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Why Nairobians still cling to banned polythene

Tus Ajemi

Residents use plastic papers to cover their clothes from dust and water from clothes on the upper floors. [PHOTO/Standard] 

Although authorities have banned plastics in a move to fight pollution, residents of Pipeline will not be embracing the ban any time soon.

In the estate, plastics papers are used by flat residents when airing their clothes out to dry.

The plastic covers are used to protect their clothes from dust or any water that drips from the upper floors.

Majority of these flats go up to the seventh or eighth floors with each floor built with a balcony from where occupants hang their clothes out.

In the dry seasons, the place becomes dusty and hanging clothes without any plastic cover is a waste of time because they will accumulate dust and appear unwashed.

“Here, there are flats of up to eight floors and people wash at different times. Some people have clothes that shed colour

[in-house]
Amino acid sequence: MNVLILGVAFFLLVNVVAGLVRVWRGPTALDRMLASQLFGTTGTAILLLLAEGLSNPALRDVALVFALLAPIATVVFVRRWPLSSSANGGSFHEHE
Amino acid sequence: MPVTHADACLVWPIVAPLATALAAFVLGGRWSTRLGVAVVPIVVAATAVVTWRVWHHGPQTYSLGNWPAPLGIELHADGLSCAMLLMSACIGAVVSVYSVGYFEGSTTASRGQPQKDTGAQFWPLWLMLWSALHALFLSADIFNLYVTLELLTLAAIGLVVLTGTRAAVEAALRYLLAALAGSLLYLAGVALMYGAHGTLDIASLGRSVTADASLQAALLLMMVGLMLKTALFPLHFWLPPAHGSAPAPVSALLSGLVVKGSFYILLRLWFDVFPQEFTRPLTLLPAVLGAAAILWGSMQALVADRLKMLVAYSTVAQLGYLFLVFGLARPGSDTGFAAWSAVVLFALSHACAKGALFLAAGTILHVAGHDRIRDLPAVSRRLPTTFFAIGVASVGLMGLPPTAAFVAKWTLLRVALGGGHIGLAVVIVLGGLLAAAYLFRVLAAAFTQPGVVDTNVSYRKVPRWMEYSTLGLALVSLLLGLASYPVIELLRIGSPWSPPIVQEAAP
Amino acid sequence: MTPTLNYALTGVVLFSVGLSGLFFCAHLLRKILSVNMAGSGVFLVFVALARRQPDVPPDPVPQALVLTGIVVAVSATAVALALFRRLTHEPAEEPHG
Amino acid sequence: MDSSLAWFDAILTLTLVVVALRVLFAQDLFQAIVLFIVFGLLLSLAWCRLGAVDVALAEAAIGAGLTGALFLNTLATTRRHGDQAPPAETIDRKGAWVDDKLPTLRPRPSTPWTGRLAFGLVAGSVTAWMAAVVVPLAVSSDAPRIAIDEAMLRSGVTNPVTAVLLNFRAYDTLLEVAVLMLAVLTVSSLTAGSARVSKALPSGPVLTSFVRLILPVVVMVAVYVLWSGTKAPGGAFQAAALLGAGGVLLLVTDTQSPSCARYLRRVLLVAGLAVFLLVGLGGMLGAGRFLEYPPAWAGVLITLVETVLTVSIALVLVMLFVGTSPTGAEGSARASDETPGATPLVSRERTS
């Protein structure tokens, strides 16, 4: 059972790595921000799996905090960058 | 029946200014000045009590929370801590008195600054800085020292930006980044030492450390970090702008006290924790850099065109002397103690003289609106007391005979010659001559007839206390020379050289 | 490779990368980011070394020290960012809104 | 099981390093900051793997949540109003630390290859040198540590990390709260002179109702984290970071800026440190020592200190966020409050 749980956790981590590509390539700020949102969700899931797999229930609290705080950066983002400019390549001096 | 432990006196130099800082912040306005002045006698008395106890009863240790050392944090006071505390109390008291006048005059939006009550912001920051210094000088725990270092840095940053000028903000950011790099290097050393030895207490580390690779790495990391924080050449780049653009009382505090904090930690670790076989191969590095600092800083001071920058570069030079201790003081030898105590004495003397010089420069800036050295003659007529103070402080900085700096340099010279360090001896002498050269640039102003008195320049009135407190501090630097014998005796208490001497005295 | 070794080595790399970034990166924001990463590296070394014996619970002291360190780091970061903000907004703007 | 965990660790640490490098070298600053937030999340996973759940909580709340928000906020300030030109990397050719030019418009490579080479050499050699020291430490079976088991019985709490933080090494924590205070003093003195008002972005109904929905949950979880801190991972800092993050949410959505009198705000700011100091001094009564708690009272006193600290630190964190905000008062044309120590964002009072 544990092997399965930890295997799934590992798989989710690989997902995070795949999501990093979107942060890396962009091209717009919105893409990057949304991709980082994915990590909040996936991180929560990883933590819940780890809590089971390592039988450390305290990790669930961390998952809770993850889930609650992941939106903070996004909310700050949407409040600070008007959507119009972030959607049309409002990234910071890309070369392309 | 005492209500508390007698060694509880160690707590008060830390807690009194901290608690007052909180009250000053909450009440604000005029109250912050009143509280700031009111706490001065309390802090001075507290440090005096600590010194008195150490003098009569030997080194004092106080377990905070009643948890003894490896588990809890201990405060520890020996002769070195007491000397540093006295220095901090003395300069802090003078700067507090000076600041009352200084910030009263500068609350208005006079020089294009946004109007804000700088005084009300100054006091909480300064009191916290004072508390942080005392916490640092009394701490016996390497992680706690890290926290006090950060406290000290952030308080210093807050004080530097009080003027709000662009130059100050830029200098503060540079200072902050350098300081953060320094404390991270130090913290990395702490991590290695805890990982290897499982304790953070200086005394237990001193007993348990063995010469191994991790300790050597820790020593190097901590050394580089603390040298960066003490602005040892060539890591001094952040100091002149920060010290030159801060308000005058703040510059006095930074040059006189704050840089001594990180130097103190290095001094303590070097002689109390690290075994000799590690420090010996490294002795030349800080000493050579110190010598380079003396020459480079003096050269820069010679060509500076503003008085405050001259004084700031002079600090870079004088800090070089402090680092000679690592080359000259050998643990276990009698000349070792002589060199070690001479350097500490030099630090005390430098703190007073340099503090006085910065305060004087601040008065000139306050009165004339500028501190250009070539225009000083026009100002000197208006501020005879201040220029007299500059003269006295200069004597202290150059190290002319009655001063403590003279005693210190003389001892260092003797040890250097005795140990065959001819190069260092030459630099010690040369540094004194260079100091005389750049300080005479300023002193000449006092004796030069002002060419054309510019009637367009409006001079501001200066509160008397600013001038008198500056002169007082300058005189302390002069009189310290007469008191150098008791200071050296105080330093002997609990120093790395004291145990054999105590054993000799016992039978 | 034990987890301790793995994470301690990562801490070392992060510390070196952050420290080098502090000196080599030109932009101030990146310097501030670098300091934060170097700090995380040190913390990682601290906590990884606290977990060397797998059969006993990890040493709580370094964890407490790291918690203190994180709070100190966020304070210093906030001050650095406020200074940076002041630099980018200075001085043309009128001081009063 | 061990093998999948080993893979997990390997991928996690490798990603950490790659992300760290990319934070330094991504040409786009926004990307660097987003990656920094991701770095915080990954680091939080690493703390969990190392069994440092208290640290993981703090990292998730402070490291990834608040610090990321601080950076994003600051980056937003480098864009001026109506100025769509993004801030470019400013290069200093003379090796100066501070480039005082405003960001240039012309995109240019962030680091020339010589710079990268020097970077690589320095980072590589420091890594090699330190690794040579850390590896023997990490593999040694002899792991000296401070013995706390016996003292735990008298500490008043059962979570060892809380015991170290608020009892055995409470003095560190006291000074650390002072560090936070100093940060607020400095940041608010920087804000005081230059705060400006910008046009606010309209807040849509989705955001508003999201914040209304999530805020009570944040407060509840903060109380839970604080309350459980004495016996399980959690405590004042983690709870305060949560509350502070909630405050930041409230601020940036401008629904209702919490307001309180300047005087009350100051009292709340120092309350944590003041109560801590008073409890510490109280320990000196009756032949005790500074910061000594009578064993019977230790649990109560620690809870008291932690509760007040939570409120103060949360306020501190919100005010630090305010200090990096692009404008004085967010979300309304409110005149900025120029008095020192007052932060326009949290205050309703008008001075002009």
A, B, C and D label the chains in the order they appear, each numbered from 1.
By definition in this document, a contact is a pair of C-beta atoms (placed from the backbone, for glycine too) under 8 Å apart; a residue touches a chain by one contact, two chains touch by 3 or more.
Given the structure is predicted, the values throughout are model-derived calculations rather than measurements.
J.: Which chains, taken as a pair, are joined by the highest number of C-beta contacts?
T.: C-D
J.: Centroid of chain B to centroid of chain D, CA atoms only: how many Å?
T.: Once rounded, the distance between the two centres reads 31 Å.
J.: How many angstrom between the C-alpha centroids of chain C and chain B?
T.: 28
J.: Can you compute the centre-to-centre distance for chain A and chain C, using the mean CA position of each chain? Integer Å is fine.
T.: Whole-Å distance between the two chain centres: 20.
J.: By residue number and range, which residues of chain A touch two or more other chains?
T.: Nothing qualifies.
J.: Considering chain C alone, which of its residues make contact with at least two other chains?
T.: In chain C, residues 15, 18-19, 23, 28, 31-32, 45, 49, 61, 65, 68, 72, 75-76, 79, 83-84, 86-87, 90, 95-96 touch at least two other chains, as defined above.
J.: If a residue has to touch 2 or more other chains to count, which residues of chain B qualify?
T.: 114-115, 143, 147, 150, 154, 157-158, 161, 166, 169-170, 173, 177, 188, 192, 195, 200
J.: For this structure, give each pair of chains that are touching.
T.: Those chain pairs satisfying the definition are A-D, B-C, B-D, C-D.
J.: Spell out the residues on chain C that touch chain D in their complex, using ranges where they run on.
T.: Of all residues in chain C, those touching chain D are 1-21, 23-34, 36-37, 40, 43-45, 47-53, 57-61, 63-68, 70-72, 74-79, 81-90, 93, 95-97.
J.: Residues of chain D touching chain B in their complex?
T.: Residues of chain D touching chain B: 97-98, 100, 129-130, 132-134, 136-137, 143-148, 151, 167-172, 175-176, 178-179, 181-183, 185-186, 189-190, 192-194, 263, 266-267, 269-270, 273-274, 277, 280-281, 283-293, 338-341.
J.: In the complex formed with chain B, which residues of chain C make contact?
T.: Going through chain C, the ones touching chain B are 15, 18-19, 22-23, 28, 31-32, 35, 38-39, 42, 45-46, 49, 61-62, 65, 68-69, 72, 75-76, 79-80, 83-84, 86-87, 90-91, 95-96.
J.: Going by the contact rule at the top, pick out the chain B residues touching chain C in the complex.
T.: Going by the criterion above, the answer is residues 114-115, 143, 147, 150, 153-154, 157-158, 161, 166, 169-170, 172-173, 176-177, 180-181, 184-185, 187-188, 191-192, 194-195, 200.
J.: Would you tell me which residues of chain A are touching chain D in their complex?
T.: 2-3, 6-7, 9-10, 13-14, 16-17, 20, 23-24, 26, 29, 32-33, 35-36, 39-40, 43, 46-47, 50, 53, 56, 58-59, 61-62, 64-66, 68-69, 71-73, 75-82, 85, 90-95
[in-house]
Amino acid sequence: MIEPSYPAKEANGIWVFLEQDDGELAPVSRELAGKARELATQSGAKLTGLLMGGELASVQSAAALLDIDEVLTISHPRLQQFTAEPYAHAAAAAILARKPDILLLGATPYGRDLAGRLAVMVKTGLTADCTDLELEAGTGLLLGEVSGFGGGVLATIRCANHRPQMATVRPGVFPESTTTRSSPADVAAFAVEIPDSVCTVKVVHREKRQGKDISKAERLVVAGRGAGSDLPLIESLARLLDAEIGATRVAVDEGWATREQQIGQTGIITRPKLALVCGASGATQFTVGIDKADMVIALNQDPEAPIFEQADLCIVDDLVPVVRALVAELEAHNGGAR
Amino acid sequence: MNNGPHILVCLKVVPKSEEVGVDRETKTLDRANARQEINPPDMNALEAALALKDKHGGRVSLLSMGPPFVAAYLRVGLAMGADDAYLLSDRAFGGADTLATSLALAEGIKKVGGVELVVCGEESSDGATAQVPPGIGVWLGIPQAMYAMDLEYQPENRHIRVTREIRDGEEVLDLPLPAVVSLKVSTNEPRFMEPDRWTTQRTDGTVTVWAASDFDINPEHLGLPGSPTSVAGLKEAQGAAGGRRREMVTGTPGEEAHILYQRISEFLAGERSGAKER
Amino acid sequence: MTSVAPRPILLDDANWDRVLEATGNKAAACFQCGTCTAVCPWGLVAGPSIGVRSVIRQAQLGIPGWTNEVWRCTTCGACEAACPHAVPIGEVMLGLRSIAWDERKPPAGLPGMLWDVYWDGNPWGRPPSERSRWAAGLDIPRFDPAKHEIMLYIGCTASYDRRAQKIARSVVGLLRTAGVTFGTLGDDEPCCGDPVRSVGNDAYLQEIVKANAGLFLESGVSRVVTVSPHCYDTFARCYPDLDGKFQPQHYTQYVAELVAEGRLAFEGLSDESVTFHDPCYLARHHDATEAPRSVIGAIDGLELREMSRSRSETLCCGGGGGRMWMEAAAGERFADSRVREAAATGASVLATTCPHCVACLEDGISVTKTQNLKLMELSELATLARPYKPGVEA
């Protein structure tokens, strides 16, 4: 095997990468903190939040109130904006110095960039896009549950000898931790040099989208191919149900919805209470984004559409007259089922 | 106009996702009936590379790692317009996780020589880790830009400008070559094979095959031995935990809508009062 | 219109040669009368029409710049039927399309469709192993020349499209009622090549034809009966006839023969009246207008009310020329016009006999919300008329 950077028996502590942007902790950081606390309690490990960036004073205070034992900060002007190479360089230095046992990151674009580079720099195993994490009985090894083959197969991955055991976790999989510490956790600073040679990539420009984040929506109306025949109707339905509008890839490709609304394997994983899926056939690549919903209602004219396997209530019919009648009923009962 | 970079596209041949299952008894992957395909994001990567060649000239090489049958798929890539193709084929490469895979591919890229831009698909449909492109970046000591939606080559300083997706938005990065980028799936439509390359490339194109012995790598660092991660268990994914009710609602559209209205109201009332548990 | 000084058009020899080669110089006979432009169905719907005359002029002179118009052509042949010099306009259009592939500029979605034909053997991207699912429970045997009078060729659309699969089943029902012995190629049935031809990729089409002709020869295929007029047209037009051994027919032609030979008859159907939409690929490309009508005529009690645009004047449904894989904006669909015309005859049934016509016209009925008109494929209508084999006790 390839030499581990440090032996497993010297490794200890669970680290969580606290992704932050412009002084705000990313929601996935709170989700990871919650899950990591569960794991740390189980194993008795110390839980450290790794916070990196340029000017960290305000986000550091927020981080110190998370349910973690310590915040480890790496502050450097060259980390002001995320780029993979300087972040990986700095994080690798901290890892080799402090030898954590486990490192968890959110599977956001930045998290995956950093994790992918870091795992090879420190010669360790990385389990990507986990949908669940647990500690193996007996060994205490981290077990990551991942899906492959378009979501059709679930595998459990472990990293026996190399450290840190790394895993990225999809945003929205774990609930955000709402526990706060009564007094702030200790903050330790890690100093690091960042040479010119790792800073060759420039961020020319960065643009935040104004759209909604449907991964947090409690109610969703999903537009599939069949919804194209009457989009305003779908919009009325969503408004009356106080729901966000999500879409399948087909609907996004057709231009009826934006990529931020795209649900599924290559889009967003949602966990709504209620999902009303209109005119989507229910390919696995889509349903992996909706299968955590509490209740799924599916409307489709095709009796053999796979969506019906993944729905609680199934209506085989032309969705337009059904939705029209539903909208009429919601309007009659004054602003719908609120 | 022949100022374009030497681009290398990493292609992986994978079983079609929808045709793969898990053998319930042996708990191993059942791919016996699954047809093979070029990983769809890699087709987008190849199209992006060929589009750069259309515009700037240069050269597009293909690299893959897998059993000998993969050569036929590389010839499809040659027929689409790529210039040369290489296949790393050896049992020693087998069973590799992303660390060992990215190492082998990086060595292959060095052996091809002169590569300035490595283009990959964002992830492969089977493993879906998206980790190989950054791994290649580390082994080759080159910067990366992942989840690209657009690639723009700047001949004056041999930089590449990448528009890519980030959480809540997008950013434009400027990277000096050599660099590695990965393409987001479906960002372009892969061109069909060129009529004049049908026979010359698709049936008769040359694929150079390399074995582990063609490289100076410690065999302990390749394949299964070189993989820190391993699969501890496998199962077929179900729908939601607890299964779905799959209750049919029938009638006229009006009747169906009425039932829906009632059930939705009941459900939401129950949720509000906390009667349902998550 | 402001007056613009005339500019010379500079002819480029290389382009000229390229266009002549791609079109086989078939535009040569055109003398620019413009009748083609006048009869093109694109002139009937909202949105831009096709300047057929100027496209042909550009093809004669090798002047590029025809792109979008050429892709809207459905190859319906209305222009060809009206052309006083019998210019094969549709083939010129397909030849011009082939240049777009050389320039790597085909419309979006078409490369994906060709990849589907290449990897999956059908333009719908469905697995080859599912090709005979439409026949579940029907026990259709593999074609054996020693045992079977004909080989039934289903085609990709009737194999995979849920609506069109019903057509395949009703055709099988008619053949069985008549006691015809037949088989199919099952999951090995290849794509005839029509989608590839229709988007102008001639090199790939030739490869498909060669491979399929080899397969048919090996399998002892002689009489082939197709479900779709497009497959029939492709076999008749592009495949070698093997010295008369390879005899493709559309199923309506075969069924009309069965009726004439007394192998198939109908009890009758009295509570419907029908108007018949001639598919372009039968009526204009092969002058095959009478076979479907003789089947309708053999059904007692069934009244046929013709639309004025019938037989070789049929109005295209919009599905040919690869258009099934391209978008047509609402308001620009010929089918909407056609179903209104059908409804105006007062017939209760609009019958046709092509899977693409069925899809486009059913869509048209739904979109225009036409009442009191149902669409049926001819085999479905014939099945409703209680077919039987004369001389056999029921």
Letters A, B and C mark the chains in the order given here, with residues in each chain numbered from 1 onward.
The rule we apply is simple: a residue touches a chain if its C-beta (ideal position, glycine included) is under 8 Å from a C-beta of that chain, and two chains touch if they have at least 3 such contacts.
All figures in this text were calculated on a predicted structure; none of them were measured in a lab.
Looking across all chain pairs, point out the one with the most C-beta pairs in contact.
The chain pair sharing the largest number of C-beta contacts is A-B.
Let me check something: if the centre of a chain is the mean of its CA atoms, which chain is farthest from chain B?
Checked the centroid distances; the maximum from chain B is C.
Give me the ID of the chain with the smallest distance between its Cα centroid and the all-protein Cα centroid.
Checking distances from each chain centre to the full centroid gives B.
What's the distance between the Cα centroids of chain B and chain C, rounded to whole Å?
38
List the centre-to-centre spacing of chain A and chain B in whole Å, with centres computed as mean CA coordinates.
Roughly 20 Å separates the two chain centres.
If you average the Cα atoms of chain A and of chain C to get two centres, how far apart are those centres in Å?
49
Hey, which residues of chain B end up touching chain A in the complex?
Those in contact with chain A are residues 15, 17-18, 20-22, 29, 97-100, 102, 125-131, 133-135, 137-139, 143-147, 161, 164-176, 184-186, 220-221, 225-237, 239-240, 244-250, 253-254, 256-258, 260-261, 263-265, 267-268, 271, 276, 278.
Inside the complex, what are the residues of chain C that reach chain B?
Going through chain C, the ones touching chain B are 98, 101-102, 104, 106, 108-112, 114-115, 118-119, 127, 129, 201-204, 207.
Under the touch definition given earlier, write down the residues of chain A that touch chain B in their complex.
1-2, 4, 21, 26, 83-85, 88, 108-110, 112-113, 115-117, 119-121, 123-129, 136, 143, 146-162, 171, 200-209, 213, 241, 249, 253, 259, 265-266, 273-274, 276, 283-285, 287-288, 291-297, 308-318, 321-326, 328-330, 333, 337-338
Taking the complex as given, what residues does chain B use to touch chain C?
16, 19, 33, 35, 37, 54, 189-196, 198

, others do not properly wring out excess water from the clothes and if you do not cover your clothes, you might find them ruined or wet long after you washed them,” said Enock Mutua, a caretaker. 

He said there is always the fear that someone from the upper floor will hang dripping clothes above yours.

“One is never sure unless you live on

the topmost

floor. Some of the buildings have space on the rooftops

for tenants to air clothes,” said Mutua.

To him, it is easier for residents to put up with this 'small challenge' than move to other estates where life is tougher.

“Most of the houses here are single rooms, bedsitters and one bedroom which range from Sh5,000 to Sh9,000,” said Mutua. 

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